Infectious diseases

Preventing patients from acquiring infections whilst they are in hospital is one of our top priorities for keeping patients safe from harm at both Chelsea and Westminster Hospital and West Middlesex University Hospital. 

The two most common types of potentially serious infections are MRSA and Clostridium difficile. As part of our infection control measures we both screen patients for these diseases and are required to record all cases of these infections found in patients.

MRSA (Meticillin Resistant Staphylococcus aureus) is a bacteria that often lives harmlessly on the skin—when it lives on the skin without causing infection this is called ‘being colonised’.

Adults admitted to the hospital for planned medical and surgical treatment or as an emergency are screened for the presence of MRSA in their nose (the commonest part of the body where it is found). Where it is found, these patients can then be treated with the aim of eradicating these bacteria as soon as possible, thus putting them – as well as other patients – at reduced risk of acquiring an infection. For further information, download the Simple Guide to MRSA (PDF)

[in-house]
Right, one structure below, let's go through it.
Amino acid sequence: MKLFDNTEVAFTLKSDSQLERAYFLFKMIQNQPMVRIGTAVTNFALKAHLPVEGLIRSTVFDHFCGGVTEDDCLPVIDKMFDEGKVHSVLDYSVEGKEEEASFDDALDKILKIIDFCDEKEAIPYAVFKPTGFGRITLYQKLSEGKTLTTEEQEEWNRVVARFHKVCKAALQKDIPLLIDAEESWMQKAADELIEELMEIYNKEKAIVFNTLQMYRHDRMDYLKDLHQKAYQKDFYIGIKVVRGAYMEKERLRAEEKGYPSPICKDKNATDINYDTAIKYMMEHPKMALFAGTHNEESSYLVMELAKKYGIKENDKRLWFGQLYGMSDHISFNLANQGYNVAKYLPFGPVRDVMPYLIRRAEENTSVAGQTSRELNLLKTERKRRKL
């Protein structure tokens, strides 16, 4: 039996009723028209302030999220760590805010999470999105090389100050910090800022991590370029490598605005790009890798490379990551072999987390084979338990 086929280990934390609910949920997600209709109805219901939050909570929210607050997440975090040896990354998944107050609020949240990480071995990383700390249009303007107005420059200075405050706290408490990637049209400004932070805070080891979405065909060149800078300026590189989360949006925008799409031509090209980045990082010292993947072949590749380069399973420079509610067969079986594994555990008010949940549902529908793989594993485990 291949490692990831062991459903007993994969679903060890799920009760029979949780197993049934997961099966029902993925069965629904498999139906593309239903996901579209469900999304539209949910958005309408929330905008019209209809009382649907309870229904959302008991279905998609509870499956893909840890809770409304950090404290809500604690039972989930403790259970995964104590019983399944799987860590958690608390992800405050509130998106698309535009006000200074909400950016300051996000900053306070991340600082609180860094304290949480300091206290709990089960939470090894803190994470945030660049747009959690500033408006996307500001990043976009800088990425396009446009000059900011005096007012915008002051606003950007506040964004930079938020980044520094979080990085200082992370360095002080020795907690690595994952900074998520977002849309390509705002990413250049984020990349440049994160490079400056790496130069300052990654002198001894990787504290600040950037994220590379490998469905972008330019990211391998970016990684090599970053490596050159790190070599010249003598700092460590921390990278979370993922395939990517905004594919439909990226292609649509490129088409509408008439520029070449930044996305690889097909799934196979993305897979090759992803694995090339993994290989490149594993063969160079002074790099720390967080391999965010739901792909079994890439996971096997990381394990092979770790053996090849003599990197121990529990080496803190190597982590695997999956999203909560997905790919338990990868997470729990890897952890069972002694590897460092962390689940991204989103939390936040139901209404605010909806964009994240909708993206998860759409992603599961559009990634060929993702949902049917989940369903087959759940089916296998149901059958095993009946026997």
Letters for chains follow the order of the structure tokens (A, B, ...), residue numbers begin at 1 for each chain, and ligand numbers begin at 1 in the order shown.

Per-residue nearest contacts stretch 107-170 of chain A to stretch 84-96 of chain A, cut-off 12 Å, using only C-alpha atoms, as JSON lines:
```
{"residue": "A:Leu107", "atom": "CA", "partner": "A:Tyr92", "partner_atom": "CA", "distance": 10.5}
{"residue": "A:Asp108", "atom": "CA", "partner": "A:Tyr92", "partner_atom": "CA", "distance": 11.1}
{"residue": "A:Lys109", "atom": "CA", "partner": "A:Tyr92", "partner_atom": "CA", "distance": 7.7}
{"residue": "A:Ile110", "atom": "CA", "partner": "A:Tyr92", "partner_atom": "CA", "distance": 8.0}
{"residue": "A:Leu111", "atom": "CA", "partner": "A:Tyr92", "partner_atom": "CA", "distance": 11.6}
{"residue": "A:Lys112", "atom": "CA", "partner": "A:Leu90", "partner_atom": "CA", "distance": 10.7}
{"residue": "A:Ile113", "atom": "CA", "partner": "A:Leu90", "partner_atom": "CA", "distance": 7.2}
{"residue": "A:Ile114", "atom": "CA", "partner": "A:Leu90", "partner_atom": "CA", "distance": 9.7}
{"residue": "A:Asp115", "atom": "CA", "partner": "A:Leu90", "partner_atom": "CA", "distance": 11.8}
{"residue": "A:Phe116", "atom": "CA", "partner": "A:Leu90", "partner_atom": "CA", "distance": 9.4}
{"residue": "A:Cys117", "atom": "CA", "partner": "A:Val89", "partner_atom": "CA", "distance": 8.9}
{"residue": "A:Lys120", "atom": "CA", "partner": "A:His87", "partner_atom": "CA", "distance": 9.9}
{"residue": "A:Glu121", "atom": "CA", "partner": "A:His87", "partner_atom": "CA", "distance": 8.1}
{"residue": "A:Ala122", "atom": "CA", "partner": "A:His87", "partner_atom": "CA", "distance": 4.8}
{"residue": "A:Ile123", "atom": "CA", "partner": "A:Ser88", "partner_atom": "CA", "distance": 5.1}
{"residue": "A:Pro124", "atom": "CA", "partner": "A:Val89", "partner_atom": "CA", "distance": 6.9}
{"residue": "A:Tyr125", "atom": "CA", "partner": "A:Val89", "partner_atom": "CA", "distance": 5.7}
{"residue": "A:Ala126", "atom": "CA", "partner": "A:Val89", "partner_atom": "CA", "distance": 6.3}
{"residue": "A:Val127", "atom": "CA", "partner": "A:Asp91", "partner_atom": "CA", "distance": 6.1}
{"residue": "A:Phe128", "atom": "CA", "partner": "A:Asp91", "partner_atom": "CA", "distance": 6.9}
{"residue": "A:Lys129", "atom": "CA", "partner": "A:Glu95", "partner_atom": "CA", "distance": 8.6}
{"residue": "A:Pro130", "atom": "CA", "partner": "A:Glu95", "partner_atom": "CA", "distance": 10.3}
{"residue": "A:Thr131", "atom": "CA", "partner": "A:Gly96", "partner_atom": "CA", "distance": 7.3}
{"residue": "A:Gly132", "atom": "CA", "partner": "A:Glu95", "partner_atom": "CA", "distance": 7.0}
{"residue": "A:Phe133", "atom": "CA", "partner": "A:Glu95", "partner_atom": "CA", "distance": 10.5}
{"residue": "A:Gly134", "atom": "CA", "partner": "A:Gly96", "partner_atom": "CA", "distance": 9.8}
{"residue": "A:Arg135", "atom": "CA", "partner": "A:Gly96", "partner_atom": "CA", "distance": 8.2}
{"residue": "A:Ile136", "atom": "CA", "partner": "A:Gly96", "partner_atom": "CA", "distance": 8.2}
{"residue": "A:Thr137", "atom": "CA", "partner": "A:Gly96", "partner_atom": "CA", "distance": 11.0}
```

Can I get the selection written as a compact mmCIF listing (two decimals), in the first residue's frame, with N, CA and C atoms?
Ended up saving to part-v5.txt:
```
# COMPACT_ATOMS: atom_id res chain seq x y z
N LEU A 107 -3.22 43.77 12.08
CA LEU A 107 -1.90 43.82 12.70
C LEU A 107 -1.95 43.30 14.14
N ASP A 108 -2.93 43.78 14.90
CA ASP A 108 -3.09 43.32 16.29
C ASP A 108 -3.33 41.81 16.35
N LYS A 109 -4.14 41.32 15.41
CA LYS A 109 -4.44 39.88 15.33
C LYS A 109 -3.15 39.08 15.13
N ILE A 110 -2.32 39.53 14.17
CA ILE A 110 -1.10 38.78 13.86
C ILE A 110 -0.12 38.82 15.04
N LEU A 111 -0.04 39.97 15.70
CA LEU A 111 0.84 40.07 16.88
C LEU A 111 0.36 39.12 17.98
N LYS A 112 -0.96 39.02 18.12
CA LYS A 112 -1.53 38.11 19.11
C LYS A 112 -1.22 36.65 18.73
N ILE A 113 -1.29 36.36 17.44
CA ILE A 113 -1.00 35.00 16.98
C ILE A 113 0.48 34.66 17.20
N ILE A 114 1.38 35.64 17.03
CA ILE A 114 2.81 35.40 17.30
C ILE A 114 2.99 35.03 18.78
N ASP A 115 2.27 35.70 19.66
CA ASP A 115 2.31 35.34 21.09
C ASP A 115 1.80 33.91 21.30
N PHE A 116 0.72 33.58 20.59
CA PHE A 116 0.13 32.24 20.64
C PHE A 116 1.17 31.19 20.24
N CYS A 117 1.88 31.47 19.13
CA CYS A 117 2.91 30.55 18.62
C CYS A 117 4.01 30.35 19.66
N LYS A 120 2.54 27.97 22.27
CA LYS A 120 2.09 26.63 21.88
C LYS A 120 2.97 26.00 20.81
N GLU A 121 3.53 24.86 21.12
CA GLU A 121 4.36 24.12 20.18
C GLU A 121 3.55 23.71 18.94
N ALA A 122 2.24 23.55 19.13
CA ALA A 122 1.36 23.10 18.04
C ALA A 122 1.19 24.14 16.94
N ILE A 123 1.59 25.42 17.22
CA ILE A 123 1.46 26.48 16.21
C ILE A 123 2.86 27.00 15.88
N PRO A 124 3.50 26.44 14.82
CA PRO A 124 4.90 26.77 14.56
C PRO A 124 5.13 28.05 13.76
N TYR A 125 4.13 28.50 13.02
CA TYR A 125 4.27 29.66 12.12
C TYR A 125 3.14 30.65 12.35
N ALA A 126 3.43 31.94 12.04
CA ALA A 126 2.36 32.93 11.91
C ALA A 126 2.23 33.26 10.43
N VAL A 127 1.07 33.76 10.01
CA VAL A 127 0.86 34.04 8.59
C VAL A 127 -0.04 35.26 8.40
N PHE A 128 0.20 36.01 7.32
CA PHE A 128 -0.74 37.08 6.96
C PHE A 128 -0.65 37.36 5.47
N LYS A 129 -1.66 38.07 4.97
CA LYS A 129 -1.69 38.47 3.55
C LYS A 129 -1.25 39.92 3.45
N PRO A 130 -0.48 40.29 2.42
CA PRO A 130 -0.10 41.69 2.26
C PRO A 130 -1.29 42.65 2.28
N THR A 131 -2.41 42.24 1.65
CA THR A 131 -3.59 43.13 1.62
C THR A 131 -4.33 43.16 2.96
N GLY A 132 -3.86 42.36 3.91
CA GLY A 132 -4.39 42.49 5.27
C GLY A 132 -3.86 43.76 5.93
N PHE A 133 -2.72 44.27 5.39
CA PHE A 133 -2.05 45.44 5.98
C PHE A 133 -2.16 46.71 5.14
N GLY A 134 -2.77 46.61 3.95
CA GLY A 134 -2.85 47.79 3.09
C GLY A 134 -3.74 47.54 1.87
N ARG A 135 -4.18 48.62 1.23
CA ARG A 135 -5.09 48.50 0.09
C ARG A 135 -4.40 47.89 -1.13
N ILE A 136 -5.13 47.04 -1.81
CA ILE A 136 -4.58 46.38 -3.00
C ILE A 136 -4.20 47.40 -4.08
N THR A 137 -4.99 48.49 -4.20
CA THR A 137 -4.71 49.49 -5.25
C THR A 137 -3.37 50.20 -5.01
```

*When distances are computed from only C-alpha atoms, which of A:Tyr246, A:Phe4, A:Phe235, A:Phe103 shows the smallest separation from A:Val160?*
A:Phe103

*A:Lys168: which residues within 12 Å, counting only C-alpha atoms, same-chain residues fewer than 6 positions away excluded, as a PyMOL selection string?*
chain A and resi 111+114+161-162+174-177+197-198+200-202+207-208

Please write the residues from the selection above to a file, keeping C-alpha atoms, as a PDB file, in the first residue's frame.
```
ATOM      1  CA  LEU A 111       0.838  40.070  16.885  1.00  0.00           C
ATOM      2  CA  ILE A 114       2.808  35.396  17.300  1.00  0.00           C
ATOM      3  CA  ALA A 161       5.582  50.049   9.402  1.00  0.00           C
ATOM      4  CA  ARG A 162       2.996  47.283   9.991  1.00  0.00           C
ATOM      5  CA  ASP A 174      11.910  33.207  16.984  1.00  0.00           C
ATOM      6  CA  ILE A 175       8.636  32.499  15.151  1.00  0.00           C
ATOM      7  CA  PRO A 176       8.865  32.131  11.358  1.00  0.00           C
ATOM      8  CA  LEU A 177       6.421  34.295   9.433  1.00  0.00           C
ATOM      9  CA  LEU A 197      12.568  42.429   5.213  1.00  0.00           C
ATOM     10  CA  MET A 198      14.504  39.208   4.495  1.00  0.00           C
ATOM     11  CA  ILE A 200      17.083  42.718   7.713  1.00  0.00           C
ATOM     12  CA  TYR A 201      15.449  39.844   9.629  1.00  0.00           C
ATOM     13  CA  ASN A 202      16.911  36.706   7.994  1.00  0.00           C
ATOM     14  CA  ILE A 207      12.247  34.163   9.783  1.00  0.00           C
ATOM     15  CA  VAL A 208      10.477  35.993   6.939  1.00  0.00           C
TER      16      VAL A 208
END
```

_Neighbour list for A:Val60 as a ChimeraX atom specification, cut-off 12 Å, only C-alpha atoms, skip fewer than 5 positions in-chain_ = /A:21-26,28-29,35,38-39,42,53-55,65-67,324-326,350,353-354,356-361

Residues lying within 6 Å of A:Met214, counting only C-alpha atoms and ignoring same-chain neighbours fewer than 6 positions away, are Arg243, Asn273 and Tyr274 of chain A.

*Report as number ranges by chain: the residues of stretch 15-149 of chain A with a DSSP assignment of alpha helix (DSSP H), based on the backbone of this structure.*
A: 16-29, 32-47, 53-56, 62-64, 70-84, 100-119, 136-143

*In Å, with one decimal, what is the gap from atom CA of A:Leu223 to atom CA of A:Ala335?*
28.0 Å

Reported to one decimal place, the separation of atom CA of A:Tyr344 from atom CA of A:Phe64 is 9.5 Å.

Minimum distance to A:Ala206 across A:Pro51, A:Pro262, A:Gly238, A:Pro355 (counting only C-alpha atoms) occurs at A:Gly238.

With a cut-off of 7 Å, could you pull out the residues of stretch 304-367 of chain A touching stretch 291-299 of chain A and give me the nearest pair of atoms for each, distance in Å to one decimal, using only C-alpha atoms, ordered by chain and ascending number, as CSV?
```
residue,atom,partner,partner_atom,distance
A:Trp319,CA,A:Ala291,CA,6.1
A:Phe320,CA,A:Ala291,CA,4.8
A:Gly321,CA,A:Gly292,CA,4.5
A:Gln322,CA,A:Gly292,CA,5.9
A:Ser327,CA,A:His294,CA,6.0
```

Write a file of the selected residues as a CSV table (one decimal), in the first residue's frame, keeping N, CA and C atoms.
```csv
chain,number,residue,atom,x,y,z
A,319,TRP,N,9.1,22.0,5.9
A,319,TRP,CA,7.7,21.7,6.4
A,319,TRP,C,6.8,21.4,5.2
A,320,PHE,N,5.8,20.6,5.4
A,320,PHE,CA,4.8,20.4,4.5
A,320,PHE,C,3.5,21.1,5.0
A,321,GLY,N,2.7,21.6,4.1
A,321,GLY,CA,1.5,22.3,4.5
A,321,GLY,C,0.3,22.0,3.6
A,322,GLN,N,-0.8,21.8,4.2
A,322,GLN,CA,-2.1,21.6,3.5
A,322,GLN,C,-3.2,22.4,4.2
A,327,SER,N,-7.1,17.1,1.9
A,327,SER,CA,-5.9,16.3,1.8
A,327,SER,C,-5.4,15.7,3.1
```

Clostridium difficile (C. difficile) is a bacterium that is present naturally in the gut of around two-thirds of children and 3% of adults. It does not cause any problems in healthy people. However, some antibiotics that are used to treat other health conditions can interfere with the balance of 'good' bacteria in the gut. When this happens, C. difficile bacteria can multiply and produce toxins (poisons), which cause illness such as diarrhoea and fever. At this point, a person is said to be infected with C. difficile.


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